Publisher: Informa Healthcare
© 2013 Informa Healthcare USA, Inc.
Received Day: 10 Month: 2 Year: 2012
Revision Received Day: 19 Month: 4 Year: 2012
Accepted Day: 08 Month: 6 Year: 2012
Print publication date: Month: 5 Year: 2013
Electronic publication date: Day: 13 Month: 11 Year: 2012
Volume: 71 Issue: 3-4
First Page: 689 Last Page: 696
PubMed Id: 23145468
|Quality of root fillings performed with two root filling techniques. An in vitro study using micro-CT|
|A. M. Wegge-Larsen3|
|L. L. Kirkevang1|
1Section of Dental Pathology, Operative Dentistry and Endodontics
2Section of Oral Radiology, Department of Dentistry, Aarhus University, Denmark
3The Danish Army Health Services, Royal Dragoons, Holstebro, Denmark
4Department of Orthopaedics and Traumatology, Odense University Hospital, Institute of Clinical Research, University of Southern Denmark, Denmark
|Correspondence: Correspondence: Line Møller, Odontology, Health, Aarhus University, Vennelyst Boulevard 9, DK-8000 Aarhus C, Denmark. +45 5122 7381. +45 8619 6029. firstname.lastname@example.org
Bacteria in the root canal have been shown to be the primary cause of apical periodontitis [1–4]. The ultimate goal of a root canal treatment is to clean and fill the root canal in all dimensions, creating a fluid-tight seal, which can prevent residual bacteria and their toxins from affecting the periapical tissues. The seal is essential to optimize the outcome of the root canal treatment and prevent reinfection .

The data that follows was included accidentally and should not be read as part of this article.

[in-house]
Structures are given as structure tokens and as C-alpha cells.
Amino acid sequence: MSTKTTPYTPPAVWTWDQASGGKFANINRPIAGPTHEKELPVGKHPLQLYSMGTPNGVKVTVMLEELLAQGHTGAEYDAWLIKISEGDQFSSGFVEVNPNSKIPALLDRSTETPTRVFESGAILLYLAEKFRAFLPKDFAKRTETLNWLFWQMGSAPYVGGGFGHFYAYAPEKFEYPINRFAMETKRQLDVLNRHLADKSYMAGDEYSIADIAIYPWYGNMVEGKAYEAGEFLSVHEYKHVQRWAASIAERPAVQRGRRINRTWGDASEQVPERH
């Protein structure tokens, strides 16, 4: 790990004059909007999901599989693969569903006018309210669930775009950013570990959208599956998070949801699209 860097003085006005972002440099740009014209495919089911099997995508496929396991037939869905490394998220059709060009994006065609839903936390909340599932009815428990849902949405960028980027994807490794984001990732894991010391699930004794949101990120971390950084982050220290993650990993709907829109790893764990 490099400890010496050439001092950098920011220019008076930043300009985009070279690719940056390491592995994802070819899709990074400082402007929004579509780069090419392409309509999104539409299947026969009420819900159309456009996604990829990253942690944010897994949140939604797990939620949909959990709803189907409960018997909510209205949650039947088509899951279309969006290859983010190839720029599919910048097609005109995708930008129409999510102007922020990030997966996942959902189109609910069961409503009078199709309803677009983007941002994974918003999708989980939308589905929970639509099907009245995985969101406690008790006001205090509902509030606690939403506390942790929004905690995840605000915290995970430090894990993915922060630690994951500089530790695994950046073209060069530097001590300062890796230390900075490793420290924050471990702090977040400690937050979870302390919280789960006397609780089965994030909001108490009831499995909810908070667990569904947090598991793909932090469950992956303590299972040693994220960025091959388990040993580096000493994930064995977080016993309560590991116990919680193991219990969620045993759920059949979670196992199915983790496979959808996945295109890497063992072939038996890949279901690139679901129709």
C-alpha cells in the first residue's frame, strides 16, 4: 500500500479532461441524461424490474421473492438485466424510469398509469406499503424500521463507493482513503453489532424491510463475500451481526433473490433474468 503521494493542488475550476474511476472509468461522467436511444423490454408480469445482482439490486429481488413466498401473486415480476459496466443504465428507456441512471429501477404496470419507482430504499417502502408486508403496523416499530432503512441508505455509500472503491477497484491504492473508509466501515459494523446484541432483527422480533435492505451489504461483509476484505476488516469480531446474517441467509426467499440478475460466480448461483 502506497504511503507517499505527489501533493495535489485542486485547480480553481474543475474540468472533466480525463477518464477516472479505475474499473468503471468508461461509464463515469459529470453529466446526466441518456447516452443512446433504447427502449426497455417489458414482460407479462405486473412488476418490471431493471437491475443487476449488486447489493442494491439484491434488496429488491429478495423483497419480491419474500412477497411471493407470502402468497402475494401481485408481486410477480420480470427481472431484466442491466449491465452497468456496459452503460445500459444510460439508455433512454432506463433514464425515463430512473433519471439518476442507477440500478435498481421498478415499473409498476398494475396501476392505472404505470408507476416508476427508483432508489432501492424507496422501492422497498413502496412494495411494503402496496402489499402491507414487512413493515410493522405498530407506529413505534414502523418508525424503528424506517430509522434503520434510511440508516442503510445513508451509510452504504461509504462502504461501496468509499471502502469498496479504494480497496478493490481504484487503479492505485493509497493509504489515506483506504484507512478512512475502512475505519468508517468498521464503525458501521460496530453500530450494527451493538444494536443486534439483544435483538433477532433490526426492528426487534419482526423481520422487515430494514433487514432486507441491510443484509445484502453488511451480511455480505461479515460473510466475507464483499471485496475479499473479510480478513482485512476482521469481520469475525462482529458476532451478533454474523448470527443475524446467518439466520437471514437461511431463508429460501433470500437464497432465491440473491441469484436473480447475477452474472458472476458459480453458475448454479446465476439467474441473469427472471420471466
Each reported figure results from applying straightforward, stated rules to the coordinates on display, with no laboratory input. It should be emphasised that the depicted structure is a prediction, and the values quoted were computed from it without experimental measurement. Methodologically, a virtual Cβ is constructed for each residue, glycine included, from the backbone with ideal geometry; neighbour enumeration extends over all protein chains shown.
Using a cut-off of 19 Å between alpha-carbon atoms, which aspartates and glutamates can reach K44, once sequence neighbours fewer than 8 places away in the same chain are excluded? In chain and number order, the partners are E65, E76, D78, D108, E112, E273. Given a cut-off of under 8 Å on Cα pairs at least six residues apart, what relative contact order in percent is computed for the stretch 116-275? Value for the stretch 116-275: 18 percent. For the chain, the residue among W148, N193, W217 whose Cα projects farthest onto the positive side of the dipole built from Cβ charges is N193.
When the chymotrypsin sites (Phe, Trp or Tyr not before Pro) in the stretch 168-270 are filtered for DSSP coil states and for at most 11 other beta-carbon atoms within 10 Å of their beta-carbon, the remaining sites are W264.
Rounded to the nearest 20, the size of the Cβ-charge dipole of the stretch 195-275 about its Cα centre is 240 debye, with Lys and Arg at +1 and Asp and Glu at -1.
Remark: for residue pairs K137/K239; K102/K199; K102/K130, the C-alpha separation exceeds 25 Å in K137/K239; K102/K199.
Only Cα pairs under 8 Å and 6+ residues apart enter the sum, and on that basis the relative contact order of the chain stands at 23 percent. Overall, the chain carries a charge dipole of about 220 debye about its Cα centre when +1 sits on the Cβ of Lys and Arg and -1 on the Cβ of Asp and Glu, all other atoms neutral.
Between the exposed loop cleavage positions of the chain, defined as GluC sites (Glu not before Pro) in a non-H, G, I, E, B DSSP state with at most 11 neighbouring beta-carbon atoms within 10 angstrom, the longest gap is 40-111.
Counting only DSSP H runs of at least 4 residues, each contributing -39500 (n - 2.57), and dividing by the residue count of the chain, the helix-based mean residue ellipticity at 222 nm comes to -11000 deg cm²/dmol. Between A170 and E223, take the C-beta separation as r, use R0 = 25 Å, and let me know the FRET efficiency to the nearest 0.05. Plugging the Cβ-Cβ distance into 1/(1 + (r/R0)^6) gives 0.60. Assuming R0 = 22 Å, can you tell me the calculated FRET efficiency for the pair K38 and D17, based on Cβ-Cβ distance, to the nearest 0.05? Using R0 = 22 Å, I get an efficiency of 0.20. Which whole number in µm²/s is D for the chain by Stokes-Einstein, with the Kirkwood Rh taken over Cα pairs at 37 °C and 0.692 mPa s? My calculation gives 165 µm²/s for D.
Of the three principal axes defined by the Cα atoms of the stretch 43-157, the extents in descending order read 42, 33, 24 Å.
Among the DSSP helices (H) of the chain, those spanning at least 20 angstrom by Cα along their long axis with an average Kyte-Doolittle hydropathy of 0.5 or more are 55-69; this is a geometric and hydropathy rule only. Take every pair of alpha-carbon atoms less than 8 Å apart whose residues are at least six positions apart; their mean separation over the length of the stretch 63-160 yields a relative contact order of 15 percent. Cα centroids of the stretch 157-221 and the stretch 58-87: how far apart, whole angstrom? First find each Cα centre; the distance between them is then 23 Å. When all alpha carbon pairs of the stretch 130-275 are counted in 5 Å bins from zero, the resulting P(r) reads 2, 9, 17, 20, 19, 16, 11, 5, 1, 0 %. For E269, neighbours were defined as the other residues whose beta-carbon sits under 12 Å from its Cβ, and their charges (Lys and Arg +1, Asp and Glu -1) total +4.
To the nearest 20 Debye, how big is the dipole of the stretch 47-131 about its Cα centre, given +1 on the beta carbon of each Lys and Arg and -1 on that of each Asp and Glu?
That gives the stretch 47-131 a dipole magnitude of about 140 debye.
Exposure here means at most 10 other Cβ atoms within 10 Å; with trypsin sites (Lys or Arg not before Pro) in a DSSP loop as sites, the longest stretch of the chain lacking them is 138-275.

The technical quality of root canal treatment performed in general dental practice has been assessed in several studies and a high frequency of technically inadequate root fillings has been observed [6–10]. Furthermore, in vitro studies have demonstrated that very few, if any, root canal fillings completely obturate the root canals [11–14]. Moreover, previous studies have shown that, especially oval and ribbon-shaped root canals with large facio-oral dimension, are likely to be inadequately filled. One of the reasons for this could be that the canal anatomy impedes adequate cleaning of the narrow fissured areas with circular root files since the canal lumen is irregular and the risk of subsequently creating voids is high [11,12].